No matter how strange MGMT gets, we always want more. Despite their latest studio efforts being met with mixed reviews, their infectious sound remains a mainstay in the alt-rock scene. One of the front-runners of “neo-psychedelia”, MGMT formed when Ben Goldwasser and Andrew Van Wyngarden met at Wesleyan College in 2004. Their eclectic sound only blossomed and before long, this Grammy-nominated band was a favorite of tweenagers, critics and club-goers alike.
Fast-forward about 10 years: Los Angeles is buzzing with the residual energy of the first weekend of Coachella. Theatres are teeming with world-class artists trying to squeeze in an LA date between their performances in Indio. At downtown’s famed Orpheum Theatre, the six-man MGMT takes the stage to the giddy road of a sold-out crowd. With humble energy and shy smiles, they waved and took their places on a relatively simple stage set-up.
The show began with the groovy, Doors-esque energy of “Song for Dan Treacy”. The charisma of their gracefully dazed front man Ben Goldwasser charmed the crowd as they soared through their new single, “Cool Song No. 2”. Allowing themselves to break down the tribal groove and settle into beautiful vocal harmonies, it all looked so effortless.
As to be expected, their music was perfectly complimented by their signature psychedelic visuals. Projected onto an immense screen behind the band–a visceral mix of graphic computer glitches, bizarre and intriguing animation and colorful washes of patterns. It was weird as shit but in the best way ever.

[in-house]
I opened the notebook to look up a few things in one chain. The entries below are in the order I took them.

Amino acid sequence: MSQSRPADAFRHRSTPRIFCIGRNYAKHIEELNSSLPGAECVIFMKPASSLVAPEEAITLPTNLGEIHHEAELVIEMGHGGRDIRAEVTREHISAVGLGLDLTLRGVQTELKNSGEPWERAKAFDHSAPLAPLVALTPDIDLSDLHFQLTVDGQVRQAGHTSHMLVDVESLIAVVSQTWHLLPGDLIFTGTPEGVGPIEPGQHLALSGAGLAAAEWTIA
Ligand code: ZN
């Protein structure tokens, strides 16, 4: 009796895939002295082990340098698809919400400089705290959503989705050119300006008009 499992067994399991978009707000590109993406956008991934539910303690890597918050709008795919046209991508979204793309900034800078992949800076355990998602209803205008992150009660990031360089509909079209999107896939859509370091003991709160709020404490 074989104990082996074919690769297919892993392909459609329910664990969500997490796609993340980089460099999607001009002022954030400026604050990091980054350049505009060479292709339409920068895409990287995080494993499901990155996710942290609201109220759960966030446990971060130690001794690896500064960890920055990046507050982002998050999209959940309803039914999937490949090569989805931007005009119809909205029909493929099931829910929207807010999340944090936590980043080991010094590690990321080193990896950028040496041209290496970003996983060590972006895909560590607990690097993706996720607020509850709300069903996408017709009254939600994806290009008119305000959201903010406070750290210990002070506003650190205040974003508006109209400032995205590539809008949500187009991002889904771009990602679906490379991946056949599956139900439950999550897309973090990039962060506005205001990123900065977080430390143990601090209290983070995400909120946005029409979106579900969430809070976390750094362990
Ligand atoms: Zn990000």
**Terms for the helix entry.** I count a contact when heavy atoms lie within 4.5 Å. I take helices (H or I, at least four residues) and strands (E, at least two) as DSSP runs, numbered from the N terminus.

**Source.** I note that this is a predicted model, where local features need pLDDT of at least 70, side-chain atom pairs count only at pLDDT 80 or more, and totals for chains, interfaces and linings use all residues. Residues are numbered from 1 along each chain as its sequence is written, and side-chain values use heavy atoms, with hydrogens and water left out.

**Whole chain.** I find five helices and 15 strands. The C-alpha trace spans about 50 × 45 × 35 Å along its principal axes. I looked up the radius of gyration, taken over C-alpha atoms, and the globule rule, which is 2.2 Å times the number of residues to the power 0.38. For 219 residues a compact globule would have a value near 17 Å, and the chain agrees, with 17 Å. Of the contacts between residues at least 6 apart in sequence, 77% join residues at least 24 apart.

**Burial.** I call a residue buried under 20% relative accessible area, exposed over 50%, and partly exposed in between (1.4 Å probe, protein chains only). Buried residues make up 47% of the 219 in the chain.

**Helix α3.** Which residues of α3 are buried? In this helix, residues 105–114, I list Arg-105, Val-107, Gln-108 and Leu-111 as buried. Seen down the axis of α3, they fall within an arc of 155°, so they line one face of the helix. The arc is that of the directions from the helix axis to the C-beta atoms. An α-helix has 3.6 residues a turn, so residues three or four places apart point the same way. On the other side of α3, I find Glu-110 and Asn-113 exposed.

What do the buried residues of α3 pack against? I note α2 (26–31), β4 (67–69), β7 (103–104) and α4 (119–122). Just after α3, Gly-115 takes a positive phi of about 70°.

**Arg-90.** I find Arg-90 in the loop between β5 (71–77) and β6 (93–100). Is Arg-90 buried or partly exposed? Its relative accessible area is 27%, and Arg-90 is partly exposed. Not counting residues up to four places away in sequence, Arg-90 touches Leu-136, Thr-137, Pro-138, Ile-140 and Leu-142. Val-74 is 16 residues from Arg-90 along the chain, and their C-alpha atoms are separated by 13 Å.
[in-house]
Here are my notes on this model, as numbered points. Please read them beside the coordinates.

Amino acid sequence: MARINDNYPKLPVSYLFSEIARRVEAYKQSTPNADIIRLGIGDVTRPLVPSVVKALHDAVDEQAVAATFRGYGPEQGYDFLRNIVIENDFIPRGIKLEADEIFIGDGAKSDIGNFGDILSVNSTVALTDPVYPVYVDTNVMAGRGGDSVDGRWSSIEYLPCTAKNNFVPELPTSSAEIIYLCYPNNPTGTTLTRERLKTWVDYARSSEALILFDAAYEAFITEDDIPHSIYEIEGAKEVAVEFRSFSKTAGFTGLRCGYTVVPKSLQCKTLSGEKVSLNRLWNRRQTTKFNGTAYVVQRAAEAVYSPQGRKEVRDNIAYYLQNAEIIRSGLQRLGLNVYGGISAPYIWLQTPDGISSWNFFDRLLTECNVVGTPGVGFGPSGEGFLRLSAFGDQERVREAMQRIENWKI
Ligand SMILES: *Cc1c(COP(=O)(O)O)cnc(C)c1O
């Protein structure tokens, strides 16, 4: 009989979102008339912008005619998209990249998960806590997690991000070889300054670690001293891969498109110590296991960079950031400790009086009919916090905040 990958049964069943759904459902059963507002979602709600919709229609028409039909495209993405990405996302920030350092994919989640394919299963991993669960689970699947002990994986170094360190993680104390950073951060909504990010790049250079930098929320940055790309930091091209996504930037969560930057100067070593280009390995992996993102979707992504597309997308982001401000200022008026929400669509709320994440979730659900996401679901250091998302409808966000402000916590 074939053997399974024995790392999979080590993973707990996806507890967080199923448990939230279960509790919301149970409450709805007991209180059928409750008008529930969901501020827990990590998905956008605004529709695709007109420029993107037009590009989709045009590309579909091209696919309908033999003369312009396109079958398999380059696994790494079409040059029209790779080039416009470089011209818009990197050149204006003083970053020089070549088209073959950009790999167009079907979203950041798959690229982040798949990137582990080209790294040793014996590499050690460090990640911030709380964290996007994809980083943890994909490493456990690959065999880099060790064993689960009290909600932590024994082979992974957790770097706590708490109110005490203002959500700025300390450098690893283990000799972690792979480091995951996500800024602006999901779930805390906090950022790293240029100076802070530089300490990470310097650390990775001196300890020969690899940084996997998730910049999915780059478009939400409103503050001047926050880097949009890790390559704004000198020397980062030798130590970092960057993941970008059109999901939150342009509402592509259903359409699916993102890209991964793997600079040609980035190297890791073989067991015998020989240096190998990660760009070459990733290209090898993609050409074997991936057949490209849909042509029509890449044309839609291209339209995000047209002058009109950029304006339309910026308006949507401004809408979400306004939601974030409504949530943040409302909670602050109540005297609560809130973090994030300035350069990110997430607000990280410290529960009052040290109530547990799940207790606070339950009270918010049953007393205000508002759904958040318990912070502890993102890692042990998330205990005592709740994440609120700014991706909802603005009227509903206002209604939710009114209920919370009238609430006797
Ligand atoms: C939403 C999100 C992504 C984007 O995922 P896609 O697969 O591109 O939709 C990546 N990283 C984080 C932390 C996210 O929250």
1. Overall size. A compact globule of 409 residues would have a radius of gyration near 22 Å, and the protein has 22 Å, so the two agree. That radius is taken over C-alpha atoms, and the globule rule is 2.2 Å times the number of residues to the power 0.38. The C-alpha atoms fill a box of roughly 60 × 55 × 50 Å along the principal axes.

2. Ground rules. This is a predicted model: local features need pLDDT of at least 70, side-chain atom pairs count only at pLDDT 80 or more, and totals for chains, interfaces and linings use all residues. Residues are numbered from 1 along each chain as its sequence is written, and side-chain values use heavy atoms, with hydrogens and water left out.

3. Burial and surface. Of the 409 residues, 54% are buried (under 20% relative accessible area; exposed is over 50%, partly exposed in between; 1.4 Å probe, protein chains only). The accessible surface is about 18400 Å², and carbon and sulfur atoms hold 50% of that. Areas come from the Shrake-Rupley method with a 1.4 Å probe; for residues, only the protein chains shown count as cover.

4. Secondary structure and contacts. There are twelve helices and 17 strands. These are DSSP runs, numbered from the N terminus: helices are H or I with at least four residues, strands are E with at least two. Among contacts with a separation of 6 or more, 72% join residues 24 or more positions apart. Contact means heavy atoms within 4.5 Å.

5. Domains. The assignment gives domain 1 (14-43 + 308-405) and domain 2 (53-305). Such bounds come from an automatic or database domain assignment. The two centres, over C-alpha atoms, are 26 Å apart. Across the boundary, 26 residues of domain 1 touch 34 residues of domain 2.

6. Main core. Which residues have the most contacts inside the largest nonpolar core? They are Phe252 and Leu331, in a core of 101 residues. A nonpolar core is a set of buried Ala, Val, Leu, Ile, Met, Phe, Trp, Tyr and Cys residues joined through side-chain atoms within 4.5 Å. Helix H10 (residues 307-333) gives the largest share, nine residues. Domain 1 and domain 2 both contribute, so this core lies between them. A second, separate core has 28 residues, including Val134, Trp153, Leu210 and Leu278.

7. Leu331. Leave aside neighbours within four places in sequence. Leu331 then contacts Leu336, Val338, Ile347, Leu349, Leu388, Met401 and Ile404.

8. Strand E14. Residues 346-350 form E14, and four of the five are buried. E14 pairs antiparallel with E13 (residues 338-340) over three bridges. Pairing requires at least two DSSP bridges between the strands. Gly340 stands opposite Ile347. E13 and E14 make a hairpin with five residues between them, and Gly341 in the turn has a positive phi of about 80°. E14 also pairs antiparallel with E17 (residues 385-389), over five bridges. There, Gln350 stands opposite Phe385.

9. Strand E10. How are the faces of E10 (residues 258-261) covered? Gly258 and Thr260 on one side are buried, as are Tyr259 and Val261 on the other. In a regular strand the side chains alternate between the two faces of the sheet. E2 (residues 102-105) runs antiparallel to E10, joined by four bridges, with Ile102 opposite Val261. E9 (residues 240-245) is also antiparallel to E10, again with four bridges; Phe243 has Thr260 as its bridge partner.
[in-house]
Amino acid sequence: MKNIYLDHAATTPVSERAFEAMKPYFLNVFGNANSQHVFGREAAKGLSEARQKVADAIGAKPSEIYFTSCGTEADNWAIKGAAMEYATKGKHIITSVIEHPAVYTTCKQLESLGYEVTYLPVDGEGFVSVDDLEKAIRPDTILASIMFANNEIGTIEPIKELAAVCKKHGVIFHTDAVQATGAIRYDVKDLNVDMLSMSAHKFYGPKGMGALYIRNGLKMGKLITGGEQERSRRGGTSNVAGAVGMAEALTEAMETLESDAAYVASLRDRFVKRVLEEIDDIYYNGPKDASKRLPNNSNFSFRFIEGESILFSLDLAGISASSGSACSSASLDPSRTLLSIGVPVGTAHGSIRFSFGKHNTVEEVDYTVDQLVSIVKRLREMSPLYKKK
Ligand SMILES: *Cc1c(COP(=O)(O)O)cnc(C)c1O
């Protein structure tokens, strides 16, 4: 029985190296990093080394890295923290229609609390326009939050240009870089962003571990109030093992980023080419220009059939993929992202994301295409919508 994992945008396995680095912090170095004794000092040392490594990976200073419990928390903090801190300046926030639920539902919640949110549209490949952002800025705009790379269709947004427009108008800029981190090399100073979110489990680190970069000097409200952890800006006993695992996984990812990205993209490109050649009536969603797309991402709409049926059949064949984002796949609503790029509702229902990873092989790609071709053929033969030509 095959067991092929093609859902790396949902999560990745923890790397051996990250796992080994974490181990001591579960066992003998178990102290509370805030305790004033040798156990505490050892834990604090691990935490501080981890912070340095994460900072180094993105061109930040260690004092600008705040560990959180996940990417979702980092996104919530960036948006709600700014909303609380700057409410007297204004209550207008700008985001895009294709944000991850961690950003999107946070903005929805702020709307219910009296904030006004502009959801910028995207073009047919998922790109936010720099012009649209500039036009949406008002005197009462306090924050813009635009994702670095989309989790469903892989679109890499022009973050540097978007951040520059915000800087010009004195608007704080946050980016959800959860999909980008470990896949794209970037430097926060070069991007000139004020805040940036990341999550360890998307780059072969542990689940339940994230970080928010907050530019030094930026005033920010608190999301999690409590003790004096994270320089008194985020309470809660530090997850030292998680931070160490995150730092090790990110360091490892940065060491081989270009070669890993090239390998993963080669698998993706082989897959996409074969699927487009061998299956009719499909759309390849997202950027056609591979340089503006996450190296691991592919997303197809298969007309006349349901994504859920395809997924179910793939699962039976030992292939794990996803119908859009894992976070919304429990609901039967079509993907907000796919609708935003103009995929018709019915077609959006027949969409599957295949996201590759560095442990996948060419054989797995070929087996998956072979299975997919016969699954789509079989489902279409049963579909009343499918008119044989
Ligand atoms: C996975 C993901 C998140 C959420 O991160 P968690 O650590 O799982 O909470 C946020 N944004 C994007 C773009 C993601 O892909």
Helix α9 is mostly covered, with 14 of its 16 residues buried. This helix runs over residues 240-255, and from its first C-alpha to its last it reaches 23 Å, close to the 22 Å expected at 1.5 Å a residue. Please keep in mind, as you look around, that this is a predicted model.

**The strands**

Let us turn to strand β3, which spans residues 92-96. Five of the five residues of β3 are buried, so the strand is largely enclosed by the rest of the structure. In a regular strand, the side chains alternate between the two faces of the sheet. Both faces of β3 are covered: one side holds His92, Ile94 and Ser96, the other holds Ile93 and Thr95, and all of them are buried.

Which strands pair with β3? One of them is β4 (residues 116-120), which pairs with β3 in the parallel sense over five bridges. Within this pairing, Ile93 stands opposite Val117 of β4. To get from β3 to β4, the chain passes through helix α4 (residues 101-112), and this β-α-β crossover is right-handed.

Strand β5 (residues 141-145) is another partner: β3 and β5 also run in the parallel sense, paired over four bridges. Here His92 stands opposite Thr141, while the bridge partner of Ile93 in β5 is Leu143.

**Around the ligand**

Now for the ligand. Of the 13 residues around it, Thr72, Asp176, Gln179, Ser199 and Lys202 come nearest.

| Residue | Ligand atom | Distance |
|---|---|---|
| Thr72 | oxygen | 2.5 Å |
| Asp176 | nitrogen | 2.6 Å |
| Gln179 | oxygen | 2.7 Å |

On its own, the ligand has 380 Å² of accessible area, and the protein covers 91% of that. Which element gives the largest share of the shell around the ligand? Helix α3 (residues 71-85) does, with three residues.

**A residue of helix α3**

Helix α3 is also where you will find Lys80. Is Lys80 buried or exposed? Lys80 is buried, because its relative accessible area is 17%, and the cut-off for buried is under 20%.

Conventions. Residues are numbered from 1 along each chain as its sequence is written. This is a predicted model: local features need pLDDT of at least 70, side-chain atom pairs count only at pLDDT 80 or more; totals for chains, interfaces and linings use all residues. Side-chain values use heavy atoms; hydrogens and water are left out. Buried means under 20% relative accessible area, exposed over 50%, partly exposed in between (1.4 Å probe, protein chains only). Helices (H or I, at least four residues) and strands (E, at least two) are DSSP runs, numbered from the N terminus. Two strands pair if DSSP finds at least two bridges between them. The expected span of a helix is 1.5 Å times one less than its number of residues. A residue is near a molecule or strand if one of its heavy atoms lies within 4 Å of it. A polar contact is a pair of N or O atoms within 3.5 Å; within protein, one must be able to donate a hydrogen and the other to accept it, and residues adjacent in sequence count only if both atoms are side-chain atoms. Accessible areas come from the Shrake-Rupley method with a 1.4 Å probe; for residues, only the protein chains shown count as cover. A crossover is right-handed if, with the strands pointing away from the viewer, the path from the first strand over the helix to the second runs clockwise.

Their set was a healthy, balanced blend of universal anthems and fresh material. Tracks like “Kids” were brought to life with excitement and humanity while newer (relatively unknown) songs like “Mystery Disease” proved their worth in the face of cool-tongued critics. With the 1-2 punch of “Electric Feel” and “Alien Days”, the band brought a solid performance to a searing and memorable end. This band is timeless.
Despite several questionable studio releases, there is no denying that MGMT is a fixture in the alt-rock scene–one of those staple sets that you always make time for during festival season. With poetic lyrics that are both understated and relatable, their message is poignant. For me, they embodied the careless transition of growing up…but everybody goes to their own different place when they hear “I’m feelin rough, I’m feelin raw, I’m in the prime of my life”.